Hitman fails to hit the mark

Lousy script, poor characterizations plague film

Tuesday, April 7th, 2009

Timothy Olyphant and Olga Kurylenko in Hitman

Starring: Timothy Olyphant, Dougray Scott, Olga Kurylenko, Robert Kneeper
Directed by: Xavier Gens

2 stars

With hard-hitting, adrenaline-pumping movies like Crank and The Transporter setting the standard, it is difficult to create an original take on the run-and-gun formula these movies embrace. Hitman fails to create the rush needed to keep the movie going in a genre full of violence, seductive women, and mad chase scenes.

Fans of the game series Hitman on which the movie is based will be disappointed the film does not follow the origins and storyline of the original game.

In the game, the player is Agent 47, a clone bred for killing, guiding him through various “hits.”

However, in the film, Agent 47 (Olyphant) is an orphan trained from a young age in the arts of espionage, hand-to-hand combat, and of course, marksmanship.

The film begins with Agent 47 in the house of Inspector Mike Whittier (Scott), who poses the question, “How does a good man decide when to kill?”

The film then jumps back three months to when Agent 47 was contracted to kill the Russian President, with Inspector Whittier hot on his heels. The job quickly turns into a setup, and thus, the movie’s plot and action begin as Agent 47 sets out to uncover the web of lies and betrayal.

The action scenes of the movie are well done, but it has all been done before (i.e. The Matrix, Equilibrium). Hitman’s sword fights, gun battles and SWAT team chases are nothing new. But a prolonged car chase and a steamy sex scene with a surprise ending between Agent 47 and his psuedo-captive Nika (Kurylenko) are still worth watching.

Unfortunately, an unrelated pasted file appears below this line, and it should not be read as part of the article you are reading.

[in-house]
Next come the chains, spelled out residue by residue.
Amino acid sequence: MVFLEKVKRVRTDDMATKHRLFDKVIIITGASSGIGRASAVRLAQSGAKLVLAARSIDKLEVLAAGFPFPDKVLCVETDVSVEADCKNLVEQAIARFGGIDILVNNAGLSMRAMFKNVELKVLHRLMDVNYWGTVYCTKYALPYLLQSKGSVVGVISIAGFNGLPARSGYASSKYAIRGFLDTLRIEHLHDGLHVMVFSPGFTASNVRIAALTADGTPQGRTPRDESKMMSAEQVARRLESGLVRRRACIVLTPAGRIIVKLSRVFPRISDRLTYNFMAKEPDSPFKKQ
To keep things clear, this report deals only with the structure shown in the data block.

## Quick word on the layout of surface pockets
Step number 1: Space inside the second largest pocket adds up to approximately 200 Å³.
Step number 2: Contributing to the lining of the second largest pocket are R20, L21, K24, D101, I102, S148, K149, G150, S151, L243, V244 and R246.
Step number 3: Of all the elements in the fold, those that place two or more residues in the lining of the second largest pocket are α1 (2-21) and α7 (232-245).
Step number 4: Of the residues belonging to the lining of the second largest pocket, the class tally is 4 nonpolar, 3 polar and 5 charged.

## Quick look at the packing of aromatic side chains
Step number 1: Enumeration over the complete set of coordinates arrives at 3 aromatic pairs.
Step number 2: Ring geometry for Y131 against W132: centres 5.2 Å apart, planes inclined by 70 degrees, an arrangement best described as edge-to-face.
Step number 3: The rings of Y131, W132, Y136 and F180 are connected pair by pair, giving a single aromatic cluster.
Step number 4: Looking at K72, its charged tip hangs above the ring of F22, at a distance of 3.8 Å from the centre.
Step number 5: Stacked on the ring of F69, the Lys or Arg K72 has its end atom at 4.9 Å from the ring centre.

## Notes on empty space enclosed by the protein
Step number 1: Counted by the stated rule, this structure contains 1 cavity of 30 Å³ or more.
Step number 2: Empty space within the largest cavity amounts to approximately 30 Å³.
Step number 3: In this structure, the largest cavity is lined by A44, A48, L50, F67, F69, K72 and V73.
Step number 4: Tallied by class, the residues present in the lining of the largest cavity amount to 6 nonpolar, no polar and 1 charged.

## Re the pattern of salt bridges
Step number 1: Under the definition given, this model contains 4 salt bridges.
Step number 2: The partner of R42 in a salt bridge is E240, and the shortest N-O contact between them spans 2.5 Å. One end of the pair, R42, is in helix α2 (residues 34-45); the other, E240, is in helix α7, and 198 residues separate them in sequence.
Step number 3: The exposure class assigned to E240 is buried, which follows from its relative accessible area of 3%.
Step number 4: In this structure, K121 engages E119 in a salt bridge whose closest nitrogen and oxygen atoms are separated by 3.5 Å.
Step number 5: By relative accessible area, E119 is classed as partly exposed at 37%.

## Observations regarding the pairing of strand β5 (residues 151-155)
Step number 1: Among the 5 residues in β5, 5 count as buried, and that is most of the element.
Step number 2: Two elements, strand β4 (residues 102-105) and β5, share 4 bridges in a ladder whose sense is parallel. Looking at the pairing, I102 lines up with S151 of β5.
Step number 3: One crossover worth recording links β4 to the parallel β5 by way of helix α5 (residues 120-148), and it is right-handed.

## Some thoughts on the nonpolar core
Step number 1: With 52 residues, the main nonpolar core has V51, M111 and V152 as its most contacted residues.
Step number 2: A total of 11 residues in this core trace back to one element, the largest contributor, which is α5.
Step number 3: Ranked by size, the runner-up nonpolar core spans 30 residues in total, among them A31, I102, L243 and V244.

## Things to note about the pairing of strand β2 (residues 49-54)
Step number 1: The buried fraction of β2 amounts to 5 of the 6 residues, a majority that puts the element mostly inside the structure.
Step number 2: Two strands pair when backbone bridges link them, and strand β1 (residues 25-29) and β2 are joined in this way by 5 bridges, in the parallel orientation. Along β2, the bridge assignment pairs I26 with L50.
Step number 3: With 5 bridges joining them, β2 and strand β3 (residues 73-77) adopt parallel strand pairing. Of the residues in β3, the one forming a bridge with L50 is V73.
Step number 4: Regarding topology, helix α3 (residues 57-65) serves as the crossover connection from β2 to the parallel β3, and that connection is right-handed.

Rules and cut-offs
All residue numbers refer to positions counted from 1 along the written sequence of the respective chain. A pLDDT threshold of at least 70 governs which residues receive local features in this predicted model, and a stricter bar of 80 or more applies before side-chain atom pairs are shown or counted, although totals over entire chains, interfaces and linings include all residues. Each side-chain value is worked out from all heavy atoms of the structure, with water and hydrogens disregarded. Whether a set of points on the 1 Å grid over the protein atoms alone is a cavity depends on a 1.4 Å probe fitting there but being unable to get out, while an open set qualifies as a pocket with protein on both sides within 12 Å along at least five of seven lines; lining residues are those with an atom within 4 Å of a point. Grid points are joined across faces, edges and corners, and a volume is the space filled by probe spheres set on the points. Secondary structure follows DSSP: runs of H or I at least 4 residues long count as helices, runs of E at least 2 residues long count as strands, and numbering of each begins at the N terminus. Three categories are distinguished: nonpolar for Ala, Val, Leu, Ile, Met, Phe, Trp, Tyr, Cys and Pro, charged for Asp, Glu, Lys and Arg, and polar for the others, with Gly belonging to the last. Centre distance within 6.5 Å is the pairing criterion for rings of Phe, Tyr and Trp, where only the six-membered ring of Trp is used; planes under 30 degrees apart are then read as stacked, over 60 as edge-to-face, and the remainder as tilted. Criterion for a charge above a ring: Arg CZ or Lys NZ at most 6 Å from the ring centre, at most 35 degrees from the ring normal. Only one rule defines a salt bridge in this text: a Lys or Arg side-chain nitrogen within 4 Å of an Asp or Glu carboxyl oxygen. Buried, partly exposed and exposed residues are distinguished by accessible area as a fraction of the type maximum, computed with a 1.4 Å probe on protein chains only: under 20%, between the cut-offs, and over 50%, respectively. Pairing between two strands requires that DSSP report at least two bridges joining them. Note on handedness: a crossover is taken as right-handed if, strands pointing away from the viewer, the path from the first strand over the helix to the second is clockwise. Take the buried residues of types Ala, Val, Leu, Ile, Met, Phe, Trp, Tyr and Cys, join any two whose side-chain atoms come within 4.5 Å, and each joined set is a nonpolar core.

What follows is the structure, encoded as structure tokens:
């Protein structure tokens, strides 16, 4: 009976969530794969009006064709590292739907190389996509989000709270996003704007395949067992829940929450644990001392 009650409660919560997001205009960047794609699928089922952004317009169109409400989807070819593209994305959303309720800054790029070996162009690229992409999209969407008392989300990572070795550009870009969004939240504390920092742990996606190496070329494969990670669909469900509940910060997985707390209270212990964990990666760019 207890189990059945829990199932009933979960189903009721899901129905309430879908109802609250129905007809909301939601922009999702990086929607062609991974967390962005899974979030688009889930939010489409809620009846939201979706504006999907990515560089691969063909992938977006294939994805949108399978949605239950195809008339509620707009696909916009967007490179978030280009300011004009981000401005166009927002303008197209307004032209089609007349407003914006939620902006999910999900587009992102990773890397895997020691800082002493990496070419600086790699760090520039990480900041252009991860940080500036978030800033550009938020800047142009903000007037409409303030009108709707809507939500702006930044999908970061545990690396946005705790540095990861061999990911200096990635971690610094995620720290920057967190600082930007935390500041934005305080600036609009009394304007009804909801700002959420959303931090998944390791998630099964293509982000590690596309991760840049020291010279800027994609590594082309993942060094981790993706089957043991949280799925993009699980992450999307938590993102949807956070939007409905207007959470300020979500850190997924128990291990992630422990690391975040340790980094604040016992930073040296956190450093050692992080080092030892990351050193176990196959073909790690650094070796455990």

Olyphant does not do Agent 47 any justice. Instead of showing the moral issues involved with systematic killings, his indifferent nature and inability to evoke sympathy through his acting significantly hinders the emotional capacity of the film.

Agent 47’s childhood flashbacks triggered by the tattoo on Nika’s face are all attempts to show that he is human and not just a killing machine. Yet this comes off as a cheesy attempt to conceal Hitman’s horrible script and the lack of chemistry between Agent 47 and Nika.

Agent 47’s inconsistent persona becomes grating. One moment he’s sedating Nika to get her off of him and the next he’s rubbing her cheek as if they had been together for years.

At times, Hitman is fast-paced and exciting, but the long periods of downtime, awful script and lack of chemistry fail to excite, making for another poor Hollywood production.

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